Reaching for Intercultural Dialogue in Morocco: the 3rd International Jazz Festival of Agadir

Updated: Dec 18, 2019


In late October, I visited Agadir to attend the city’s 3rd annual international jazz festival, Anmoggar N Jazz. Held under the auspices of the Municipality of Agadir, the region Souss-Massa, the French and Spanish Consulates in Agadir and the Regional Tourism Council, this year’s edition aimed at ‘promoting jazz in all its diversity’, ‘setting up a springboard for young jazz talents’ and ‘anchoring the festival as a cultural and tourist offer in the city of Agadir’. Through the supply of free events such as evening concerts, master classes, workshop-lectures, after-hours jam sessions, a showcase of musical instruments and performances in the festival village, the organisers intended to open up spaces for ‘sharing, tolerance, intercultural dialogue and creativity’. By taking its name from the Tashelhit language, literally meaning ‘jazz festival’, Anmoggar N Jazz draws on the cultural identity and heritage of Morocco’s native population, the Amazigh. This represents a specificity, which not only sets the festival apart from the other already established ones in the country, but ultimately leads to the question: What is so Amazigh about this jazz festival?

The festival is the brainchild of Franck Patillot, the former director of the French Institute of Agadir. It was originally announced as an autumn jazz festival promoting French jazz to the Agadir public and started out with a three day-long set of events attracting 900 visitors in 2017. For its second edition in 2018, the Spanish Consulate joined making it an even bigger festival, in the course of which 3200 people attended eleven concerts over four days. The same year marked the end of Patillot’s tenure as acting director of the French Institute, so in order to keep the festival running on an annual basis, he and his team decided to initiate the foundation of the Association Anmoggar N Jazz. This initiative aims not only to involve the local population more in the festival’s proceedings, but also to push forward Patillot’s idea of combining jazz performances by international groups with strengthening Agadir’s tourism industry, music education sector and sense of community.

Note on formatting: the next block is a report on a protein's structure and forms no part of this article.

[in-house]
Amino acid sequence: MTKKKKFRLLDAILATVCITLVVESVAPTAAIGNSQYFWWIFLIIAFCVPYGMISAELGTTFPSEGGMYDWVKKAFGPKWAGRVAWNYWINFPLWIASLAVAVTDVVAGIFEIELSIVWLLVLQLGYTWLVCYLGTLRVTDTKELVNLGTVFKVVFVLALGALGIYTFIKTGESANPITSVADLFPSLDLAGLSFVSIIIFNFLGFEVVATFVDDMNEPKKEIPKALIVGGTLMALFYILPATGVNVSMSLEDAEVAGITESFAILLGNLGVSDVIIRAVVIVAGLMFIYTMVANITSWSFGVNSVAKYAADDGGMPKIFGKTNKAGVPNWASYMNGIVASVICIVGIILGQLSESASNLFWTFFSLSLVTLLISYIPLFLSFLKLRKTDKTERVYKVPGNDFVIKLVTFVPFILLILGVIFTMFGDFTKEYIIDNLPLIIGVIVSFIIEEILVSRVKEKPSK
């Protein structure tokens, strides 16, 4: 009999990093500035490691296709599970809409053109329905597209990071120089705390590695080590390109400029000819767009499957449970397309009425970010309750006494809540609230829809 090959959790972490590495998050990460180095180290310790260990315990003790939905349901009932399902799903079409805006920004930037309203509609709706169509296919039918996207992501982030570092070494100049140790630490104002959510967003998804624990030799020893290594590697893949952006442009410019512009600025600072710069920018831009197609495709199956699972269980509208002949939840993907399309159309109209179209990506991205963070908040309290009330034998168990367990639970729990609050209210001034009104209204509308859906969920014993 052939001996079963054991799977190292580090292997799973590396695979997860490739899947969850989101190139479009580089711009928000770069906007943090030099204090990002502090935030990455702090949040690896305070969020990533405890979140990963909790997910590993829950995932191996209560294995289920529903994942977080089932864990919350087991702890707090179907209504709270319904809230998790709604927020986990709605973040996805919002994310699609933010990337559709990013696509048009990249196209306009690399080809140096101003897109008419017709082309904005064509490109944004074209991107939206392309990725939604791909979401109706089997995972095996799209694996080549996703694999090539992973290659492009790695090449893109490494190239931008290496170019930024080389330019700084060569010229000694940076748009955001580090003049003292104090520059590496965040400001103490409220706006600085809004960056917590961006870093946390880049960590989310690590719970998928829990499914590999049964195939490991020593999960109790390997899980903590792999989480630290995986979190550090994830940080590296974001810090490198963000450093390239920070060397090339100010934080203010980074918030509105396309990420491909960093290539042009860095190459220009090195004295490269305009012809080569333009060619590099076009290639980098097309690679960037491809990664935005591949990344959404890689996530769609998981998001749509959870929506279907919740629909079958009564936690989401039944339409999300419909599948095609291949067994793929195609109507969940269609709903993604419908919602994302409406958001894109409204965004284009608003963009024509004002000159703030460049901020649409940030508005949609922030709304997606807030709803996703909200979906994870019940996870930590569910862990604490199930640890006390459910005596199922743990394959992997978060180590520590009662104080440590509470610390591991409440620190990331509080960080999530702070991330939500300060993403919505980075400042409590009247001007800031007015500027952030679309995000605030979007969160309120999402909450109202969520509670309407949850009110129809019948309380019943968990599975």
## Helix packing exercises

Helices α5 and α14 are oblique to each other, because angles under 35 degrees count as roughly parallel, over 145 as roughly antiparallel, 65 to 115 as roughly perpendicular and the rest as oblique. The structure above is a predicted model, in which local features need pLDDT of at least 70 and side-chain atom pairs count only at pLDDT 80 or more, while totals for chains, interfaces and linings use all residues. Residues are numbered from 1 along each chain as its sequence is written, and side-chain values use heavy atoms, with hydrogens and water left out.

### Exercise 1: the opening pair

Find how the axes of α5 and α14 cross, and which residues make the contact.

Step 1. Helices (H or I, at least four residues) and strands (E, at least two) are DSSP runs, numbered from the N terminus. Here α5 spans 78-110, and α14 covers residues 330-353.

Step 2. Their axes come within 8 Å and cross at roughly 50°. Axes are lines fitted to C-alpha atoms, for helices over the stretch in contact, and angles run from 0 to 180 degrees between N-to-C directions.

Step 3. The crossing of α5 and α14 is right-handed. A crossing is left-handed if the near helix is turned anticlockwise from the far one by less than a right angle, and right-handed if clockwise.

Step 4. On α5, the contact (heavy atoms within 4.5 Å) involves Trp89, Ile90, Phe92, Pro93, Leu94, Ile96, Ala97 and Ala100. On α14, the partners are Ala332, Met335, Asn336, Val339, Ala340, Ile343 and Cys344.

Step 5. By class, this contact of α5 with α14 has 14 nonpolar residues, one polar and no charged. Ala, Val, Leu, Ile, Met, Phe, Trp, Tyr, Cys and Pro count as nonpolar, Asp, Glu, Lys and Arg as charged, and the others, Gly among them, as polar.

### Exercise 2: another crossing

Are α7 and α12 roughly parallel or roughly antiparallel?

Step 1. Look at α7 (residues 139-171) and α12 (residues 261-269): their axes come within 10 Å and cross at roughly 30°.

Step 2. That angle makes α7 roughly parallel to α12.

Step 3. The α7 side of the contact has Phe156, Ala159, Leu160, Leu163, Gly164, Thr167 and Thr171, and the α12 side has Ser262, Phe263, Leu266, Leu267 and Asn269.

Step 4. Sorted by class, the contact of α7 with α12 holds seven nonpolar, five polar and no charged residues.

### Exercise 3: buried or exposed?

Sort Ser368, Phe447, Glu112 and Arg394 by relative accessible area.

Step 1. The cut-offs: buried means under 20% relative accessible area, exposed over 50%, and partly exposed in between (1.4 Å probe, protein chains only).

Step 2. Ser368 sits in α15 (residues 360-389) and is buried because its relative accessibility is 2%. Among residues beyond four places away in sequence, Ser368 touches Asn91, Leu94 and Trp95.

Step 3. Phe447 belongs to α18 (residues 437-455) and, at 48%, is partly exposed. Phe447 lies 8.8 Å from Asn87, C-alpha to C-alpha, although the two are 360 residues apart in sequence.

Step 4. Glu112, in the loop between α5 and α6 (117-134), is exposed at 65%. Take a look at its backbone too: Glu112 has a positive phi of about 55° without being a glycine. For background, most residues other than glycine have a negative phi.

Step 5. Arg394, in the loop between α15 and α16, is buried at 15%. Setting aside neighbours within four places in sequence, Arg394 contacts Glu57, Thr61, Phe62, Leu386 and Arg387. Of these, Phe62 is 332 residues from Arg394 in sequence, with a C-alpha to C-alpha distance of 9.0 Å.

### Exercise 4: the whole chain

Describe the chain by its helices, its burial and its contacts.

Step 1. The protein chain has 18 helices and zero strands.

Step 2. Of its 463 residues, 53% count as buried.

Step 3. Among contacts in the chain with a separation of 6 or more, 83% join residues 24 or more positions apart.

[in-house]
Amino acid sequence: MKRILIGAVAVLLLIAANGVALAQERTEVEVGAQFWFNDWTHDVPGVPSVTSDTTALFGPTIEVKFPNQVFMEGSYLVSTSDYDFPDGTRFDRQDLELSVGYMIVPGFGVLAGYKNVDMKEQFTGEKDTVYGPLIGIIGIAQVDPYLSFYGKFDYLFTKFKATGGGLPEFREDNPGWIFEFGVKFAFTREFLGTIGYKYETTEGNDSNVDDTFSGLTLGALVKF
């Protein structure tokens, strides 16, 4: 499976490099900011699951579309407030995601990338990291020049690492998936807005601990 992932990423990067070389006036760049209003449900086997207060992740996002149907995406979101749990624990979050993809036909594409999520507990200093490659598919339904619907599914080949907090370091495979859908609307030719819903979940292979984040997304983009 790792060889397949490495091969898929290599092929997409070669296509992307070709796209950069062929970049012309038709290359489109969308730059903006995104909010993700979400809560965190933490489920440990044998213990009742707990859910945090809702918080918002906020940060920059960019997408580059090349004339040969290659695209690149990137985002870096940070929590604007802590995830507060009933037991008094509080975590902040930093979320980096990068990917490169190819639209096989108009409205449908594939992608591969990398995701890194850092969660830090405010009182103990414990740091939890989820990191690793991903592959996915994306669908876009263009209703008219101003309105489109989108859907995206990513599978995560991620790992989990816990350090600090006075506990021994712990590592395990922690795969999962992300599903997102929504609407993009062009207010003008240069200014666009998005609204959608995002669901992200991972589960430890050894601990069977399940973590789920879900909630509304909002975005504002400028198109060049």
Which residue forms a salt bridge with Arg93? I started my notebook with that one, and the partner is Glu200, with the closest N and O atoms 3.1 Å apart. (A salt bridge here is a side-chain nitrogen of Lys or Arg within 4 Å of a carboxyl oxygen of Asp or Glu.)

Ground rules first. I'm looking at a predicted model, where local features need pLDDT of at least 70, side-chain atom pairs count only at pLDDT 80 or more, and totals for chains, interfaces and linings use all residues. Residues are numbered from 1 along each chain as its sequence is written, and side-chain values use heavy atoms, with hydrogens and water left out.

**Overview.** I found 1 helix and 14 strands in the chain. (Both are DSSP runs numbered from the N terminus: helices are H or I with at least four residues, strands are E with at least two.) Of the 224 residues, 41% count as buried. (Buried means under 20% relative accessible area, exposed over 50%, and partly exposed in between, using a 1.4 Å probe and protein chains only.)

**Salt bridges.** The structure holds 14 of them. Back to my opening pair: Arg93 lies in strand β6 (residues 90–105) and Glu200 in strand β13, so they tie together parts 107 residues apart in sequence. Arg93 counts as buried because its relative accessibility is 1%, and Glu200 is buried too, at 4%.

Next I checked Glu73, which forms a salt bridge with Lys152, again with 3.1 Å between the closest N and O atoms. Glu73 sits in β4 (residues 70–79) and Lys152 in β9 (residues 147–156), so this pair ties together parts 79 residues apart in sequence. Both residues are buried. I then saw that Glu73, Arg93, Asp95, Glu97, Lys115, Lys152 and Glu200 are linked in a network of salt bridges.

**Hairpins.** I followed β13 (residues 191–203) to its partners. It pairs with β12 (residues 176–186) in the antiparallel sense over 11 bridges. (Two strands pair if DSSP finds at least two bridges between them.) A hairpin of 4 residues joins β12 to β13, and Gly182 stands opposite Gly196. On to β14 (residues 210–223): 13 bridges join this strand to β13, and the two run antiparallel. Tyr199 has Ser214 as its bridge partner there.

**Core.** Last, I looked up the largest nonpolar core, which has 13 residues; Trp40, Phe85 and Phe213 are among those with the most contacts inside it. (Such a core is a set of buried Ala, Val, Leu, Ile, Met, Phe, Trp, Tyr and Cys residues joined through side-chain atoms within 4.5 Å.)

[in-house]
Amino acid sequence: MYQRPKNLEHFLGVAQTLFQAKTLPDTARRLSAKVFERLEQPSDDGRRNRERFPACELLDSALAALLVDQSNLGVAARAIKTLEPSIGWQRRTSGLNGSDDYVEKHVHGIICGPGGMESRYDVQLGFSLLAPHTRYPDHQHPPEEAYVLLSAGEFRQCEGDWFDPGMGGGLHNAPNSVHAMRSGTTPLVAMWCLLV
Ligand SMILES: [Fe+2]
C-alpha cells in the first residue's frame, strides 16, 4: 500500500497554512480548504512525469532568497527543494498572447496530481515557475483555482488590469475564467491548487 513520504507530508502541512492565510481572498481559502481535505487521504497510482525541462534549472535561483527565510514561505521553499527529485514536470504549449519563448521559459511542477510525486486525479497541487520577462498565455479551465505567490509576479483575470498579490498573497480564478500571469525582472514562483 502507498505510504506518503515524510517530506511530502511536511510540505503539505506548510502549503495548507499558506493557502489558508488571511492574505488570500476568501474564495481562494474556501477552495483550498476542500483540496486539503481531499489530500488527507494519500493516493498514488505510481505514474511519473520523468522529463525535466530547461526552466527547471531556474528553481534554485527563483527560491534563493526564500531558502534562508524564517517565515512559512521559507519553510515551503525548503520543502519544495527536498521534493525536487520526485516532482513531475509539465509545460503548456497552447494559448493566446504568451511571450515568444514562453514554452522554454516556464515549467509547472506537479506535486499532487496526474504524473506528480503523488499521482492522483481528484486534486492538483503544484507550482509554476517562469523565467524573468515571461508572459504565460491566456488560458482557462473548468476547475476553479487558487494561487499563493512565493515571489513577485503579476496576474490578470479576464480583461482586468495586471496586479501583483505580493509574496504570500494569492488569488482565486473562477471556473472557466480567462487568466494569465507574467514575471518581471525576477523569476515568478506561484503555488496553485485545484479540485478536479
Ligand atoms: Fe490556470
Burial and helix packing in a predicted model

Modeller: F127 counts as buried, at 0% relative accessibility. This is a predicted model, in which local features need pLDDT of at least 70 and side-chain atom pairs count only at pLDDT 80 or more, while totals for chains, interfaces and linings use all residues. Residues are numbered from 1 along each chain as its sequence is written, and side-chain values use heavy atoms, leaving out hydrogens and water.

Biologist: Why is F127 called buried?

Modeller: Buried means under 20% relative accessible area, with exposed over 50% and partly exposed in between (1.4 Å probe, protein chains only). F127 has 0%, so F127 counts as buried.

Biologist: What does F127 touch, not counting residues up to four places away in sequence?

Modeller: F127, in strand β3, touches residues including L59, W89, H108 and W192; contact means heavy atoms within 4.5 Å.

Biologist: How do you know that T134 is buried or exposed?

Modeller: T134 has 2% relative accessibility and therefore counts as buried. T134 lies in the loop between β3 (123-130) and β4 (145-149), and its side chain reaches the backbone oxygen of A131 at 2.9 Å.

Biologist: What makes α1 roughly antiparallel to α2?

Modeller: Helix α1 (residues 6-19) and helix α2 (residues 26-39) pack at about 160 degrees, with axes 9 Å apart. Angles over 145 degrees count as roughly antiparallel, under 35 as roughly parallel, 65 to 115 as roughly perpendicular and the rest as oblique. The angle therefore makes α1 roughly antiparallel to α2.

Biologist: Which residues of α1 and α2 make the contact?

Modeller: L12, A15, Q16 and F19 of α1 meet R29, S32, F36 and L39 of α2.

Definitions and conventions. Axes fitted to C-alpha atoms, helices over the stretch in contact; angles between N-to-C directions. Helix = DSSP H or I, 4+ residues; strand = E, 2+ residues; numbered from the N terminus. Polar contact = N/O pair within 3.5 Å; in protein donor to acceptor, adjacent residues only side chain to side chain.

This year’s festival centred around Agadir’s town hall, which housed the main venue for the evening concerts, la Salle Brahim Radi. In between the post-Corbusian brutalist building and the nearby Wall of Commemoration – both which were built in the aftermath of the city’s destruction through the severe earthquake of February 29, 1960 – a series of white tents made up the festival village. There, you could find a stage for afternoon performances by local rock, pop and fusion bands next to a collection of musical instruments by the Association Agadir Gnawa des Arts Populaires et du Théatre, better known by the name of its concert venue/cultural centre Jazzawiya</